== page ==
The world’s “permacrisis” and our unique South African brand of stress explains why organisational resilience is a trending topic. Resilience is “the ability to recover from or adapt to challenging life experiences, through mental, emotional and behavioural adjustments to external and internal demands”. If the strength of a company is only as good as its people, all CEOs should be currently focusing on building individual and team resilience. This is particularly pertinent to software development because software development itself is normally a stressful profession where productivity is directly dependent on an individual’s ability to focus.

Chillisoft recently discussed resilience (individual, team and organisational resilience) and in this press release, we share some of our team's feedback and insights.

In the last few years, South Africans have experienced COVID-19, lockdown, riots, floods, corruption, increasing load-shedding and the looming threat of job cuts given the poor economic forecast. The software industry has transitioned from a largely office-based environment to working remotely. These changes have resulted in new lifestyles, and in some cases, increasing isolation, new life priorities, a decrease in individual competitiveness, a weakened work ethic and 8am to 5pm availability. Software developers who are working remotely are juggling family responsibilities, work and increasing pressure to deliver more.

Given the uncertain environment, a software developer’s tendency to take on too much and the large amount of change in our lives, we can assume that most of us have an over-activated amygdala. We probably slip into and out of anxiety and fear several times a day, triggering our autonomic fight or flight response. The fight or flight response is automatically triggered by fear or stress impacting our breathing, over-exposing our bodies to cortisol and stress hormones, ultimately causing us to have a negative affect or disposition. A negative affect impacts on the team dynamics, mood, your world view and an individual’s resilience levels.

Some of the interventions that increases personal resilience includes:

  • Celebrating your wins;
  • Learning to reframe situations;
  • Understanding that meaningful work is episodic and subjective;
  • Learning to find meaning in your work;
  • Accepting that you are accountable for your happiness and job fulfilment;
  • Actively preparing to focus via meditation;
  • Continually building self-awareness and self-regulation by learning to reflect regularly;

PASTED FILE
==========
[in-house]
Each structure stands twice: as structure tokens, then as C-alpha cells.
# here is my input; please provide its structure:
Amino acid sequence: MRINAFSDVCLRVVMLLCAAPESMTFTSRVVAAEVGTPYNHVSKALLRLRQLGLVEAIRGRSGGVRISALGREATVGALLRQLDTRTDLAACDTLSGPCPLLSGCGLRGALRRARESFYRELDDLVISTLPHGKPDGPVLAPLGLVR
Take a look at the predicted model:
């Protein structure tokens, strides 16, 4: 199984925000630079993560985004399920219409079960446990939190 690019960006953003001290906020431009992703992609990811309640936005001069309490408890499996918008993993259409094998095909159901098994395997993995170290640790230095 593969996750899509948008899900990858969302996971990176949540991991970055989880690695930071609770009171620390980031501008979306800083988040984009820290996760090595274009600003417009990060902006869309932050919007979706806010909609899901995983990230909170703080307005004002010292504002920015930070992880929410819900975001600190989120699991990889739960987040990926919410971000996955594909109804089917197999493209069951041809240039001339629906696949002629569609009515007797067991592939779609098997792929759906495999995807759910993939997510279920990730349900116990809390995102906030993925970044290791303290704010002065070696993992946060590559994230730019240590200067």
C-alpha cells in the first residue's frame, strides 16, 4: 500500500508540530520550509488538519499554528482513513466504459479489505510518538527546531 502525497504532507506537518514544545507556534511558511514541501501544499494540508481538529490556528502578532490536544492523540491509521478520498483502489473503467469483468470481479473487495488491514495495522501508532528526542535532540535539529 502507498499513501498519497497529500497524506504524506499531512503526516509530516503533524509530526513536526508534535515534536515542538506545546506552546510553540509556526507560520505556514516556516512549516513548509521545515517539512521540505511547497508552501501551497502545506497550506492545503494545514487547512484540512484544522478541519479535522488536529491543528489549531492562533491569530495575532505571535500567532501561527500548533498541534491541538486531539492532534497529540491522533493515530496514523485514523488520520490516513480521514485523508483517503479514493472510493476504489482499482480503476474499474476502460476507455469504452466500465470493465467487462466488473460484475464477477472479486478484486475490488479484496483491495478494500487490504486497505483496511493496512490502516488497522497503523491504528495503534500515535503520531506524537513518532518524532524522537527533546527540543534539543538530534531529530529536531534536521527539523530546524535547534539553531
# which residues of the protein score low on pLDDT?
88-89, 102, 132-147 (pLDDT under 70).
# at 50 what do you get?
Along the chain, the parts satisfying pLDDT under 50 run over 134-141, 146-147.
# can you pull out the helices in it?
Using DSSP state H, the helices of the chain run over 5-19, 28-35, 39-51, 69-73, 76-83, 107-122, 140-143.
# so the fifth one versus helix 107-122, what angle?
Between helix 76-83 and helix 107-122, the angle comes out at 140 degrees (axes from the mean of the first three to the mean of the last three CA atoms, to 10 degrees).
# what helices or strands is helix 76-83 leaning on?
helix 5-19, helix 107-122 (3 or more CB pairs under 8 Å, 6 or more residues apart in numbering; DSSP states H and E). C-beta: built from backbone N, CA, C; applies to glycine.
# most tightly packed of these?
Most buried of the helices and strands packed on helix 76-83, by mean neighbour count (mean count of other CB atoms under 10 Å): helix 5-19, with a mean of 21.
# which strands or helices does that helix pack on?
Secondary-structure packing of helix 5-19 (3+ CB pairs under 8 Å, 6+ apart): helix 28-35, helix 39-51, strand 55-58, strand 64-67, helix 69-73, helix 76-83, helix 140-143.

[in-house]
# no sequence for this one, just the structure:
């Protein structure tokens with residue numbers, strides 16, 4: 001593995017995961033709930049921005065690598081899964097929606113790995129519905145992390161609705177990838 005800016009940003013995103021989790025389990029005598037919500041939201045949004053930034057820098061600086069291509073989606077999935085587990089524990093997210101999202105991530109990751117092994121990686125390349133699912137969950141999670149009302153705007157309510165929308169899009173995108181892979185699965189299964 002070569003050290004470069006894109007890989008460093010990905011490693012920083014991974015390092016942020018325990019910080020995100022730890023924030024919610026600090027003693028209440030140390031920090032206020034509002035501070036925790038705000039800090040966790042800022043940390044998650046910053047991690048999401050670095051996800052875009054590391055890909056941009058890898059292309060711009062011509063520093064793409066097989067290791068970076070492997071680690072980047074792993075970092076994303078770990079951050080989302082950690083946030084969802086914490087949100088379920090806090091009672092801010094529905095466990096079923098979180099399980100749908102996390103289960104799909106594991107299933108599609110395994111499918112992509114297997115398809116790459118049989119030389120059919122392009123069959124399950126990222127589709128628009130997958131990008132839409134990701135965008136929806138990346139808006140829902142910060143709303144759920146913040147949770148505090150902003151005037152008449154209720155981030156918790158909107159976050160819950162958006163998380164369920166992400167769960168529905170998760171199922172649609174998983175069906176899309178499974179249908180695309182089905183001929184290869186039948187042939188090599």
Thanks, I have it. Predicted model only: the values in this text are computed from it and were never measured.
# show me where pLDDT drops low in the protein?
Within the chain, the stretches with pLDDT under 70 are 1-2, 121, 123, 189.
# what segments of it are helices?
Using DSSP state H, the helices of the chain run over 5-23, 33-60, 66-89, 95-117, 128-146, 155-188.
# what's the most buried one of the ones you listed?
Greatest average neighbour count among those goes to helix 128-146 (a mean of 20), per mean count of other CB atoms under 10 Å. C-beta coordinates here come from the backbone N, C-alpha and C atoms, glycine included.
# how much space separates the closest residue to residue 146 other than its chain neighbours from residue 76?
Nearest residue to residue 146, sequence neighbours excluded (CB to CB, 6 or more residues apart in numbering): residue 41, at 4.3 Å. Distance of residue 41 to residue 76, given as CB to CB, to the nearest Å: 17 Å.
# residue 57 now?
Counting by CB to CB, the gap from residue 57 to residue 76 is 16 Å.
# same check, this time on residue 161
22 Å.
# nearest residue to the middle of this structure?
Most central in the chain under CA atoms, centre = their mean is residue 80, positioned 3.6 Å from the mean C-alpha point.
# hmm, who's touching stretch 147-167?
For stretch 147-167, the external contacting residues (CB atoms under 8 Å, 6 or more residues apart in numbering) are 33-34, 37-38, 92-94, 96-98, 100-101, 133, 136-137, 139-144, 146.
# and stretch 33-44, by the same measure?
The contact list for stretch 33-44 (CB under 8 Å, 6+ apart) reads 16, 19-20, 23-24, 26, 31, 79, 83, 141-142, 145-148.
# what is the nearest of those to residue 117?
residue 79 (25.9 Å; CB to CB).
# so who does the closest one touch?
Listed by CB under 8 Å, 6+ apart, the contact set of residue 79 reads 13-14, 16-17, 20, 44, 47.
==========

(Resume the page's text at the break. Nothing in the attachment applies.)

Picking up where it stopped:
• Learning to focus on what you can control;
  • Practising gratitude;
  • Understanding the importance of building and committing to a self-care habit; and
  • Getting adequate sleep.

As a team lead, you have to:

  • Create an environment that is transparent, allowing you to build and maintain trust;
  • Communicate expectations clearly;
  • Connect and build relationships in your team;
  • Maintain an environment where opinions and contributions can be safely made;
  • Make learning safe;
  • Try and keep the tone “light” and fun;
  • Talk less and listen more; and
  • Ensure that feedback loops are integrated in your processes.

As an employer, you can ensure that your employees have:

  • Easy access to professional counsellors or access via an employee assistance programme;
  • Shared values, identity and purpose; and
  • The required support to build the necessary competency and skills.

It is also critical that the organisation’s processes have embedded feedback loops, which allows you to stay in touch with your team’s reality. You have to regularly provide context for changes and you have to be authentic, keeping positivity grounded and real.

In addition to the above, we at Chillisoft have a comprehensive employee assistance programme that provides support to our employees and their families, since we recognise the impact of family stress on an employee’s mental health. We support learning by dedicating a day to "deliberate practice" and having a progression framework that assists employees with learning, developing and practising their skillsets. We focus on working a full production day so that our team does not work ridiculous hours and therefore has adequate sleep. Chillisoft also teaches and practises the following interventions that build an individual’s resilience across the team:

  1. Focus time (ie, focused attention);
  2. Understanding your brain;
  3. Reflection and introspection;
  4. Active listening;
  5. How to use the ladder of inference; and
  6. The growth mindset.

We also ensure that we are aligned as a team via our annual Values Alignment workshop that interprets our values and challenges in the current context. Chillisoft is resilient (zero retrenchments in 18 years of operations) and we will continue to be resilient because we manage Chillisoft as a system that is continually adapting and changing. We also have been known for our “gees” and “grit” that is captured by the following two quotes: “Success is not final; failure is not fatal. It is the courage to continue that counts,” by Winston Churchill, and: “I can be changed by what happens to me. But I refuse to be reduced by it,” by Maya Angelou.

Resilience can be learned and we believe that employee resilience and well-being are associated with work engagement and that organisational resilience is directly correlated to work engagement.

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